Weekly Schedule: Sun. School ......................... 9:00 a.m. Sun. Worship ..................... 11:00 a.m. Phone 445-1980. Do watch us grow. Come and grow with us.

WEEKLY SCHEDULE Sun. Celebration of Worship…………….…………… 12:00 p.m. Wed. - WoW Pastoral Teaching ………………………...……………… 7:00 p.m.

CHURCH OF THE LIVING GOD C.W.F.F. Temple 132

Rev. Dr. Demetrius Williams, Pastor COMMUNITY BAPTIST CHURCH OF GREATER MILWAUKEE 2249 N. Sherman Blvd. Milwaukee, WI 53208 Weekly Schedule Church Sun. School ................. 9:00 a.m. Sun. Worship ........ 7:30 a.m. - 10:30 a.m. Prayer Service ................. Wed. 6:00 p.m. Church phone: 414.445-1610 Fax: 414.449-0252

Weekly Schedule

Sunday School 0 9:00 A.M. Sun. Morn. Worship 10:45 A.M. Wed. Prayer Service 6:00 P.M. Wed. Bible Study 0 7:00 P.M. Transportation Available Wednesday - Mission -6 :00 pm Thursday Choir Rehearsal - 7:00 pm “A Church Empowering Lives with Gods Word”

Fellowship of Love Missionary Baptist Church

CORNERSTONE MISSIONARY BAPTIST CHURCH

2329 North 12th Street Milwaukee, WI 53205 Pastor Rev. William Jackson Missionary Arleathia Myers 414-934-0753 Weekly Schedule Sun. School ........................... 9:45 a.m. Sun. A.M. Worship ............... 11:00 a.m. Wed. Prayer Meeting & Bible Study ...... ................................................. 7:30 p.m. Second Sun. Fellowship: Feb., May, Aug., & Nov ..................................... 4:00 p.m.

DAMASCUS Missionary Baptist Church 2447 N. 27th Street, Milwaukee, WI 53206 Dr. Ellis Wilkins, Pastor Weekly Schedule Sun. School ............................. 9:00 a.m. Sun. Worship ......................... 10:30 a.m. Baptist Training Union (BTU) ... 6:00 p.m. Evening Worship ..................... 7:30 p.m. Prayer Meeting & Bible Class ..... 6:00 p.m. Phone: 374-6650 or 263-9229.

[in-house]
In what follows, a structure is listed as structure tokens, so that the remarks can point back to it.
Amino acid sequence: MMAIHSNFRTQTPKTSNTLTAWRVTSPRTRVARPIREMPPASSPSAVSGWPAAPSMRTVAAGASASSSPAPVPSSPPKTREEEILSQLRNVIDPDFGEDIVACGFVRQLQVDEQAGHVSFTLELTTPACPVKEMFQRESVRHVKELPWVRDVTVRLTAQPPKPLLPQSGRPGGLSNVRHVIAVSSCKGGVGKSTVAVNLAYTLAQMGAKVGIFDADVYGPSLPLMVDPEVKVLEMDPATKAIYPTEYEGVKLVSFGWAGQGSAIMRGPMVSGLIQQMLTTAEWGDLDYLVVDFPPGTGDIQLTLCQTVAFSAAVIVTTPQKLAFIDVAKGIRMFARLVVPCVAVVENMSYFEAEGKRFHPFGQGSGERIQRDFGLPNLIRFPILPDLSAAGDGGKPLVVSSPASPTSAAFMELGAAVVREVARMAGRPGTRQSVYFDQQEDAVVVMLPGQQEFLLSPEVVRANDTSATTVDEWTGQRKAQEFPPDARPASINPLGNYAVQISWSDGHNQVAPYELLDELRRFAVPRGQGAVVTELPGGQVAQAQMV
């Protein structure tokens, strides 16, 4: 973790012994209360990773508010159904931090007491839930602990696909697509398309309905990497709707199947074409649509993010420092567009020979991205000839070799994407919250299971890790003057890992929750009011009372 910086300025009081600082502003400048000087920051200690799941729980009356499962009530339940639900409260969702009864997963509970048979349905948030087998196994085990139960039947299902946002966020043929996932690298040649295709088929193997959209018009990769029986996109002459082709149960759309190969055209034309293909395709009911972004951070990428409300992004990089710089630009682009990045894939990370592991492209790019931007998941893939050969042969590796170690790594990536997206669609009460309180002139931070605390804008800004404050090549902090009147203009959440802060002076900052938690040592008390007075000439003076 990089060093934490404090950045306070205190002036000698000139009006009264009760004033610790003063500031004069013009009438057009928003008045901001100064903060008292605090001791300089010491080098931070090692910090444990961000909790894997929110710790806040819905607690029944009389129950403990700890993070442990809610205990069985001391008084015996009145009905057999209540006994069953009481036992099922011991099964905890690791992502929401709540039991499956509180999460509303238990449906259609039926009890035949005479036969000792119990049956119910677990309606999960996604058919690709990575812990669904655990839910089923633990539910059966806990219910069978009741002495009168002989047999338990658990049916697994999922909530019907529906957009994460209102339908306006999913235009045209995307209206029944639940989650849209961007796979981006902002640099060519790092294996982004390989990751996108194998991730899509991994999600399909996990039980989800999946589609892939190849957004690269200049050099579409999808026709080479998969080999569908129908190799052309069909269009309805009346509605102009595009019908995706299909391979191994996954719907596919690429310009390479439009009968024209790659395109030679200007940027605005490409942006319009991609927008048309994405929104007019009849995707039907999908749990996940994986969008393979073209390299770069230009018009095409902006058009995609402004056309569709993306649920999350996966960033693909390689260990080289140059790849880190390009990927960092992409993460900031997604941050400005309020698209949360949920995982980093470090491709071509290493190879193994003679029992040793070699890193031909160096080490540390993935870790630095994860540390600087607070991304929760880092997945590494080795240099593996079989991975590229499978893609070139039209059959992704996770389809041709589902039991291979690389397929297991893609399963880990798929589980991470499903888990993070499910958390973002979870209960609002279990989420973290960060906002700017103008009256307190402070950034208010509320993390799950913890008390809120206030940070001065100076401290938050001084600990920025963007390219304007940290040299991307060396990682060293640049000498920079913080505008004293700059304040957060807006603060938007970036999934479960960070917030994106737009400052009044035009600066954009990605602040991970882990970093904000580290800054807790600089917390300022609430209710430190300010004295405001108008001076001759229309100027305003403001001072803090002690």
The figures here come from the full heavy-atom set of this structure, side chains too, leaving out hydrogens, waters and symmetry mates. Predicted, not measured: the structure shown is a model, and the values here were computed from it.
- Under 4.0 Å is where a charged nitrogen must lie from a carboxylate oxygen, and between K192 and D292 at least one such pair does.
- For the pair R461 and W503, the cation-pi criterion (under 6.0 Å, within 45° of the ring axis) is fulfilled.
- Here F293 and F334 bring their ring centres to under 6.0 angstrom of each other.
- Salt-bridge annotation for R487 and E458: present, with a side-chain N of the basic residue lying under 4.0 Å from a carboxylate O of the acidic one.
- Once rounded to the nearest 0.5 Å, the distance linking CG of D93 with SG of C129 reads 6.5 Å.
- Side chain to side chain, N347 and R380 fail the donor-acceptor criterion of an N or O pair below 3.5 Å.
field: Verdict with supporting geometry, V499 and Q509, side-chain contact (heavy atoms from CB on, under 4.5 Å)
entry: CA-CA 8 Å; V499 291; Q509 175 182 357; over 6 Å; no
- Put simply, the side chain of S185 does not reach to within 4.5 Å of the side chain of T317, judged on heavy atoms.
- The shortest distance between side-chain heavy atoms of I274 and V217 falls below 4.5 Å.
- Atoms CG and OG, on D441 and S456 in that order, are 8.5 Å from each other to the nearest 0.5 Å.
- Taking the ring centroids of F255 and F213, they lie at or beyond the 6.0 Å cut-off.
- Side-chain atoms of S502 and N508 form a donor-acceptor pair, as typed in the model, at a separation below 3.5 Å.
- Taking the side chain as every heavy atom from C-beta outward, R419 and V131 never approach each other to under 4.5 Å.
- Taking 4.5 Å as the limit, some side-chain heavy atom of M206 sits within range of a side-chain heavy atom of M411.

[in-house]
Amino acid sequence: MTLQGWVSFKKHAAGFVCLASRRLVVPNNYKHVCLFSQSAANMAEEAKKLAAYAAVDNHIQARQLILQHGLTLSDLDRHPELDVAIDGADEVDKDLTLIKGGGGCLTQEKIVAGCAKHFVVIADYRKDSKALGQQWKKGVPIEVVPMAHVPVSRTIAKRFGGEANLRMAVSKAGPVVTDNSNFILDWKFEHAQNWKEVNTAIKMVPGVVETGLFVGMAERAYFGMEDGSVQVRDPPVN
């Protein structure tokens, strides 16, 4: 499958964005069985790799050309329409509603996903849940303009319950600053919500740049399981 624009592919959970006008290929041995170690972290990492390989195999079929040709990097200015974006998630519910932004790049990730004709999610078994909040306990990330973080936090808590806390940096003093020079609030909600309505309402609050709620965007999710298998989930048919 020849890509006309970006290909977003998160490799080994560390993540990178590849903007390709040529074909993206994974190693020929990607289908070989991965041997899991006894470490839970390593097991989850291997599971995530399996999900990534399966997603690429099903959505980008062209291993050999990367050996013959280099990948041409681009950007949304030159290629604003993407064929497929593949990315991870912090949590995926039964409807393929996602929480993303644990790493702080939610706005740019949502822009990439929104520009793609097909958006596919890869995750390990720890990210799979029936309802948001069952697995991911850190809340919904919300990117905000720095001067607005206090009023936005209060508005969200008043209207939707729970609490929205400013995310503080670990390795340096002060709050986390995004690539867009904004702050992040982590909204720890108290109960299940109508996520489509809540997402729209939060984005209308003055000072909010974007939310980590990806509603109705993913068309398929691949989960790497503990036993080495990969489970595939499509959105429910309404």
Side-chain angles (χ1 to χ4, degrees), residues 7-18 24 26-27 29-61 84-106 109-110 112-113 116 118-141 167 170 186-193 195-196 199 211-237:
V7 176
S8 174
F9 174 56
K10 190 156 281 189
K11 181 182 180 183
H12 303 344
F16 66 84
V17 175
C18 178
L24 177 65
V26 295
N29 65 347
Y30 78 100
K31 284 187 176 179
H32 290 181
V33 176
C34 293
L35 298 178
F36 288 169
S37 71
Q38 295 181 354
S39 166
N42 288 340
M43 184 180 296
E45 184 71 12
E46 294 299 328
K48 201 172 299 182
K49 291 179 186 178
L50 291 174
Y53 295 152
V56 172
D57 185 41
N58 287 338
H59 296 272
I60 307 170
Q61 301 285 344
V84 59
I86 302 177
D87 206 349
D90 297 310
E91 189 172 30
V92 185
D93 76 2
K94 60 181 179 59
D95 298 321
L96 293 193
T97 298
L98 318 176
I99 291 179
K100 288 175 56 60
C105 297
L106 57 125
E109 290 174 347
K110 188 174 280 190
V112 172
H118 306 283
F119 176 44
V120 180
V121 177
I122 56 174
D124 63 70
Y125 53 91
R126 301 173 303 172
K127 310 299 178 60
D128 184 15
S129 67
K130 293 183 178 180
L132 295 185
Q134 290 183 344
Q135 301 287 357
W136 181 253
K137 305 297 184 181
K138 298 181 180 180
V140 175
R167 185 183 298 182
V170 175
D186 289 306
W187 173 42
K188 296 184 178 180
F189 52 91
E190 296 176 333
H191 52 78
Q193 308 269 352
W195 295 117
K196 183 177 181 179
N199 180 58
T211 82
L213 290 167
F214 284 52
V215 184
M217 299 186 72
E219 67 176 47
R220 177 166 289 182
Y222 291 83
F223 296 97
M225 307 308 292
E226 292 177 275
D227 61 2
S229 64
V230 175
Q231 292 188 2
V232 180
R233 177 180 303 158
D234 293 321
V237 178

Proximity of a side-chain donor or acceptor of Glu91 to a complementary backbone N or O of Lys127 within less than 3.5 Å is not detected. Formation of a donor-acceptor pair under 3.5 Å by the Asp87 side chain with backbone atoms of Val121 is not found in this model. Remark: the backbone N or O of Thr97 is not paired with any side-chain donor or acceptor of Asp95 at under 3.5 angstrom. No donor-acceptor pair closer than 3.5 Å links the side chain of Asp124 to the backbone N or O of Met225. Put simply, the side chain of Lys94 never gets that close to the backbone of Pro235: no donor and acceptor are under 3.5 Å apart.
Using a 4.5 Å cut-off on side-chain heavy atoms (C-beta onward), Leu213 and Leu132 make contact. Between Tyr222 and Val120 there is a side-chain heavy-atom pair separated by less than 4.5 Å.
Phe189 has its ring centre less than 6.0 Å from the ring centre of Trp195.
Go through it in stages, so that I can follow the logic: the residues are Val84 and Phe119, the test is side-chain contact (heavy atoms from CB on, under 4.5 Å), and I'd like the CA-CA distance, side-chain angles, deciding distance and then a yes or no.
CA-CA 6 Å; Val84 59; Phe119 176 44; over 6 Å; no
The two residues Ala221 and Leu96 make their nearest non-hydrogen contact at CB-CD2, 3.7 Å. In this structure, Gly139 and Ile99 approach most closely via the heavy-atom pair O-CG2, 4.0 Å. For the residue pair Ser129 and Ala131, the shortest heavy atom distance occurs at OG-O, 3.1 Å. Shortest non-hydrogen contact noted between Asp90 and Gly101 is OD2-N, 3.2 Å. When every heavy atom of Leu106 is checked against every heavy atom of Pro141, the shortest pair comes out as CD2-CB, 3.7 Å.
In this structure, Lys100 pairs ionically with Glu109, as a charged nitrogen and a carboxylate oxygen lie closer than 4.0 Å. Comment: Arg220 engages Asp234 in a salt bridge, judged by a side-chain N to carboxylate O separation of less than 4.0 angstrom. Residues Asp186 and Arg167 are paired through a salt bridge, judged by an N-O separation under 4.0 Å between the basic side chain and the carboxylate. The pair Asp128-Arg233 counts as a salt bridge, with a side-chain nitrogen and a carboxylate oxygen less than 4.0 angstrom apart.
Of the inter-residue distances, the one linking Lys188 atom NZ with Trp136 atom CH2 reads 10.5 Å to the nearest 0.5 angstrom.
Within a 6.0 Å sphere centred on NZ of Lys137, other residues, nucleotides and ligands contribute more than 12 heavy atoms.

Eternal Life Church of God in Christ

Rev. B. L. Cleveland, Pastor & Founder Mother E. L. Cleveland, First Lady 7901 N. 66th St. Milwaukee, WI 53223 Ph: (262)242-2878 • Fax: (262)242-0978 e-mail: cogiceterrnal@yahoo.com Worship Services Sunday School..............9:30 a.m. & 5:30 p.m. Sunday Morning Worship...............…11:00 a.m. Tuesday Bible Study............................7:00 p.m. Thursday Bible Study & Evangelical Service ...................................................................7:00 p.m. For more info. visit: www.cogiceterrnal.net

EVERGREEN MISSIONARY BAPTIST CHURCH 1138 West Center Street Milwaukee, WI 53206 (414) 265-0400 • (414) 265-0424 Worship Schedule Sun. Church School .................. 8:45 am Sun. Morning Worship ............... 10:00 am Wed. evening Prayer, Bible Study, & Spiritual Formation .................... 6:30 pm